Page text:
Gardner's list of "five minds" needed for success in future generations overlap with Pink's. They include 1) a disciplined mind, 2) a synthesizing mind, 3) a creative mind, 4) a respectful mind, and 5) an ethnical mind. Like Pink, and like the educators in Reggio-Emilia, Gardner argues that people have multiple kinds of intelligence, all of which can and should be developed to create an optimally educated person. These intelligences include not only linguistic and mathematical abilities, but also inter and intra personal skills, musical and visual abilities, kinesthetic skills, and awareness of the natural world. In Reggio-Emilia the list is even longer, and is often referred to as the "hundred languages of childhood." At both Harvard's Project Zero, the largest study on creativity ever done, and Reggio-Emilia's research lab, educational experiences are encouraged in as many domains as possible. It is only through experiencing these domains that the broad human skills which create creative, respectful, and ethical "minds" can be developed.
How are educational expectations changing?
Each educational epoch, as outlined above, has necessitated a higher level of education for more people than the epoch which preceded it. For example, the Industrial Age marked the first time when a majority of people attended school at all. Similarly, the Information Age was marked by a vast increase in people with college and professional degrees in proportion to past epochs. Extending this logic, the problem solving challenges of the twenty-first century will require a type of education for many students which was previously available only to a small elite. To give one example, in the past a small group of people, principally military leaders, philanthropists, and academics, lived "in the world" and negotiated different cultures and languages with skill and propriety. Today, all citizens are thrust into the world, through patterns of globalization which both enable travel and bring multicultural, multilingual people into everyone's neighborhood and workplace. A second example is the complexity of issues which citizens must understand to be active, informed citizens today. Informed citizenship requires many skills: the ability (and perseverance) to seek reliable information through and in spite of varied media sources, the critical thinking skills necessary to evaluate information, and the scientific and/or social scientific understanding required to make informed decisions.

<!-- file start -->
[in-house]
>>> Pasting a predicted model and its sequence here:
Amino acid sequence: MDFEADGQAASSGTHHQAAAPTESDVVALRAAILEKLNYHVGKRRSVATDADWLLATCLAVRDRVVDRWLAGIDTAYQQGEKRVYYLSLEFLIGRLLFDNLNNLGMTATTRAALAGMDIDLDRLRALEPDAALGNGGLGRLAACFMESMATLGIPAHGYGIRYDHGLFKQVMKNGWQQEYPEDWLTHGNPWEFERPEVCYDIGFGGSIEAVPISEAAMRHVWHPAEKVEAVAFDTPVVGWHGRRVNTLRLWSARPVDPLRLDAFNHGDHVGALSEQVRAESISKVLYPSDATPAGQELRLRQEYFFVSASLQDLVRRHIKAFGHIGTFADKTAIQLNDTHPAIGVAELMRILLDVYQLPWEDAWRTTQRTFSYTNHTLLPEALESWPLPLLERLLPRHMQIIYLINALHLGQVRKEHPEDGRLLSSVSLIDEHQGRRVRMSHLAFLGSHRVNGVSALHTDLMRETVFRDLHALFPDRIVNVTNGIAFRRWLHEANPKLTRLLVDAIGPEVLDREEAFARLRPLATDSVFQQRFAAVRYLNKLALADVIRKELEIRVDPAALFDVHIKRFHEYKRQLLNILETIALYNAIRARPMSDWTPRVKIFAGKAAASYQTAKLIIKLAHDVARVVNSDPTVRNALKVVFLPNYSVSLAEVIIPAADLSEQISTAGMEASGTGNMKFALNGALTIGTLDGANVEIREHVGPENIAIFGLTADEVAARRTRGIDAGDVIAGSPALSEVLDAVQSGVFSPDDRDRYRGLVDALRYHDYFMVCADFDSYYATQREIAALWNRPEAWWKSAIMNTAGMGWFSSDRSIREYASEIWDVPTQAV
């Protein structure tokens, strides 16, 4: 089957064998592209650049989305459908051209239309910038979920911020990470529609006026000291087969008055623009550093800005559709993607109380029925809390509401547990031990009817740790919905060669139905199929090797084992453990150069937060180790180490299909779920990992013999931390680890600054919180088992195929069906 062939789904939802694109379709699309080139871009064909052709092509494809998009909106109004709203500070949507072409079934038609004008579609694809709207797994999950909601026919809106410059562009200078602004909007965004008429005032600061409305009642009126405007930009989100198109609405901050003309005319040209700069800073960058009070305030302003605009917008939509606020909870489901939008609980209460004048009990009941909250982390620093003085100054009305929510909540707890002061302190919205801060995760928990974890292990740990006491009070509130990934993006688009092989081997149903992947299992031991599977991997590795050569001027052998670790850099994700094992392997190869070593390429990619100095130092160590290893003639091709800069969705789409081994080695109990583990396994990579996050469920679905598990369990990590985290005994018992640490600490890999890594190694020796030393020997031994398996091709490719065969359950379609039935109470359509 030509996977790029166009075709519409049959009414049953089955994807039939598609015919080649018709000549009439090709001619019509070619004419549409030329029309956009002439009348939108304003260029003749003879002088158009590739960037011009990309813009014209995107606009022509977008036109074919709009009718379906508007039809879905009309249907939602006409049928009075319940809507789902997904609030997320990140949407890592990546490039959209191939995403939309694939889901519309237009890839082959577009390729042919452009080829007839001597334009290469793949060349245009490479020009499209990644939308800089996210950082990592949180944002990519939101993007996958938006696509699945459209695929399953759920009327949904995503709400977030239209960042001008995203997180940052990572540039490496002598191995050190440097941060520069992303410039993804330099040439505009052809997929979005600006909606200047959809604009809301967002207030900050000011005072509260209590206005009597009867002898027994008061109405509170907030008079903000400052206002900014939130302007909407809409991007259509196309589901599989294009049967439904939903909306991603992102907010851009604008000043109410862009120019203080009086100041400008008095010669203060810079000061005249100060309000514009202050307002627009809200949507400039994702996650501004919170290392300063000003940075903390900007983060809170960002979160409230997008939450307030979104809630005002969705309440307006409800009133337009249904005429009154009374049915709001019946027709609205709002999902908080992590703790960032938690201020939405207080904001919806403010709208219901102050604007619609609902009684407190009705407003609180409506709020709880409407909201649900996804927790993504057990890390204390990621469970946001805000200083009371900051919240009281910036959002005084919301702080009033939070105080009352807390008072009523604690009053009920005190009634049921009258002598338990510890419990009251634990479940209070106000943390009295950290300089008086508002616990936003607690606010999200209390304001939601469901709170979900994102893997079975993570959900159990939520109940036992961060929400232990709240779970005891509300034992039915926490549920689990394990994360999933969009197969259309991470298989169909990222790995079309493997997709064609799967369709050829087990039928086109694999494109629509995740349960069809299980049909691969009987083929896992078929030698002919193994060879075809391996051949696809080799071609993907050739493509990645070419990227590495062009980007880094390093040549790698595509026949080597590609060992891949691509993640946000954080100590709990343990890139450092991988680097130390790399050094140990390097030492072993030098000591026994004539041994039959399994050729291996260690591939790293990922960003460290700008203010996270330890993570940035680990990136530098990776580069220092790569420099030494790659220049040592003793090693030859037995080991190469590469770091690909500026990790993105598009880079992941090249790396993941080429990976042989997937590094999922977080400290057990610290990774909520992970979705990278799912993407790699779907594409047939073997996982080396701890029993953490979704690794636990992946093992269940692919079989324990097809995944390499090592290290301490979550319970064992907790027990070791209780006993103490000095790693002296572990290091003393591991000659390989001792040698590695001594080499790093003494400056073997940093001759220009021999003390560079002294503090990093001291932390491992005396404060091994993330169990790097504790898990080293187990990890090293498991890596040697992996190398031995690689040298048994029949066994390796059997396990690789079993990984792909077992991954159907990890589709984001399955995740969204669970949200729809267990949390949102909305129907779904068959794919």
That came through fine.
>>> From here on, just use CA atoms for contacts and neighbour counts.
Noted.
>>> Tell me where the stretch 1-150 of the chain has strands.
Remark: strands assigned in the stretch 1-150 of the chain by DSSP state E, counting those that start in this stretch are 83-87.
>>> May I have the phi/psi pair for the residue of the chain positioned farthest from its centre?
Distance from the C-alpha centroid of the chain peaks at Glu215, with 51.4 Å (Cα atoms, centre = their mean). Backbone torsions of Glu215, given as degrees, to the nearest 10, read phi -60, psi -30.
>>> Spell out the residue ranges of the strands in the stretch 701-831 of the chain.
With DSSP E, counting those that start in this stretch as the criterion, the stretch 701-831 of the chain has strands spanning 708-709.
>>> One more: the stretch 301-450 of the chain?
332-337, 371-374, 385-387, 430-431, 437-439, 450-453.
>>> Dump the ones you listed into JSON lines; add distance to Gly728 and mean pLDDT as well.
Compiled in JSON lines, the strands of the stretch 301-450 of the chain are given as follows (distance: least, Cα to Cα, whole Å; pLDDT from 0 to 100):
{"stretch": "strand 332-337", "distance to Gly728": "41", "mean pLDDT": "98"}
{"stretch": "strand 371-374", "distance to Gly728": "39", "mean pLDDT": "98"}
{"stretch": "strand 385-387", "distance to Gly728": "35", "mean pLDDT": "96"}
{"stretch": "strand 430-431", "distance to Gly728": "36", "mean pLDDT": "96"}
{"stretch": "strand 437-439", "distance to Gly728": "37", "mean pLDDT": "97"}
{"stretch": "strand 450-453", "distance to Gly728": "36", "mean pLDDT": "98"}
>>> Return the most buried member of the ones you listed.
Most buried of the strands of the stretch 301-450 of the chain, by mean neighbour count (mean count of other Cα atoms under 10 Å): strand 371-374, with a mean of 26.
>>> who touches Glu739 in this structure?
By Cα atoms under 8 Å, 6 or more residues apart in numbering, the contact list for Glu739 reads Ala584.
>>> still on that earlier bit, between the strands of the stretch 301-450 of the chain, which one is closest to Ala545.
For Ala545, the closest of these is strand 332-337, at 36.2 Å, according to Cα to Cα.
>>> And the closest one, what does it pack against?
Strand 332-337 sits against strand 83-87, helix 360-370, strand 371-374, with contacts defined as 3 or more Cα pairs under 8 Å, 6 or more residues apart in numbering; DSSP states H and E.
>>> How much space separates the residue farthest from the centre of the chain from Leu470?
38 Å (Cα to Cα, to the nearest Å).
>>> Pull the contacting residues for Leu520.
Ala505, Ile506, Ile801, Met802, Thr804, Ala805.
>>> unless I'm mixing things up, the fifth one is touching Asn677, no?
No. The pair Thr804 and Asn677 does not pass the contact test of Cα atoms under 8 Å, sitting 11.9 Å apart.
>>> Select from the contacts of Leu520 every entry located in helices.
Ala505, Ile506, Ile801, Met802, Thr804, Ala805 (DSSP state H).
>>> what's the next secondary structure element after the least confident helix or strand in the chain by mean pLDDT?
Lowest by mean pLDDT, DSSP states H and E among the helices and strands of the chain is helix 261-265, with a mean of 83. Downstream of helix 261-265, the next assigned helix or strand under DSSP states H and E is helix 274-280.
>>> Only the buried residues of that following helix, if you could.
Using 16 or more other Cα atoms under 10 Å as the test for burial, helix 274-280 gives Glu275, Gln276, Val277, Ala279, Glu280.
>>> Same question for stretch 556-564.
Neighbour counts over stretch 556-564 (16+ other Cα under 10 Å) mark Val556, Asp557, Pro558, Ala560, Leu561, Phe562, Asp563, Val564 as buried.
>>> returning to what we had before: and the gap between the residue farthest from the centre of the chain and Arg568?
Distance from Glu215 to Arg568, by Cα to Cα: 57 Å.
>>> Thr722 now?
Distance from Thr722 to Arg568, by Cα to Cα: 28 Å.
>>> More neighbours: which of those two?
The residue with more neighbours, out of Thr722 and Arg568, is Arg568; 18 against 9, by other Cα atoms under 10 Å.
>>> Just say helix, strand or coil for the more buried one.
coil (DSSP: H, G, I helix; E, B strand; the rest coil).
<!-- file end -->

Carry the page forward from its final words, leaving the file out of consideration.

Equally importantly, research on brain development and an increasingly informed professional class of parents have led to increased awareness about new dimensions in human potential. Many parents now want much more for their child than the ability to be a decent person or to get a job. They want school to prepare their children for life-long learning which includes music, art, science, wellness, technology, socially responsible values, and more, regardless of the profession a particular child eventually pursues.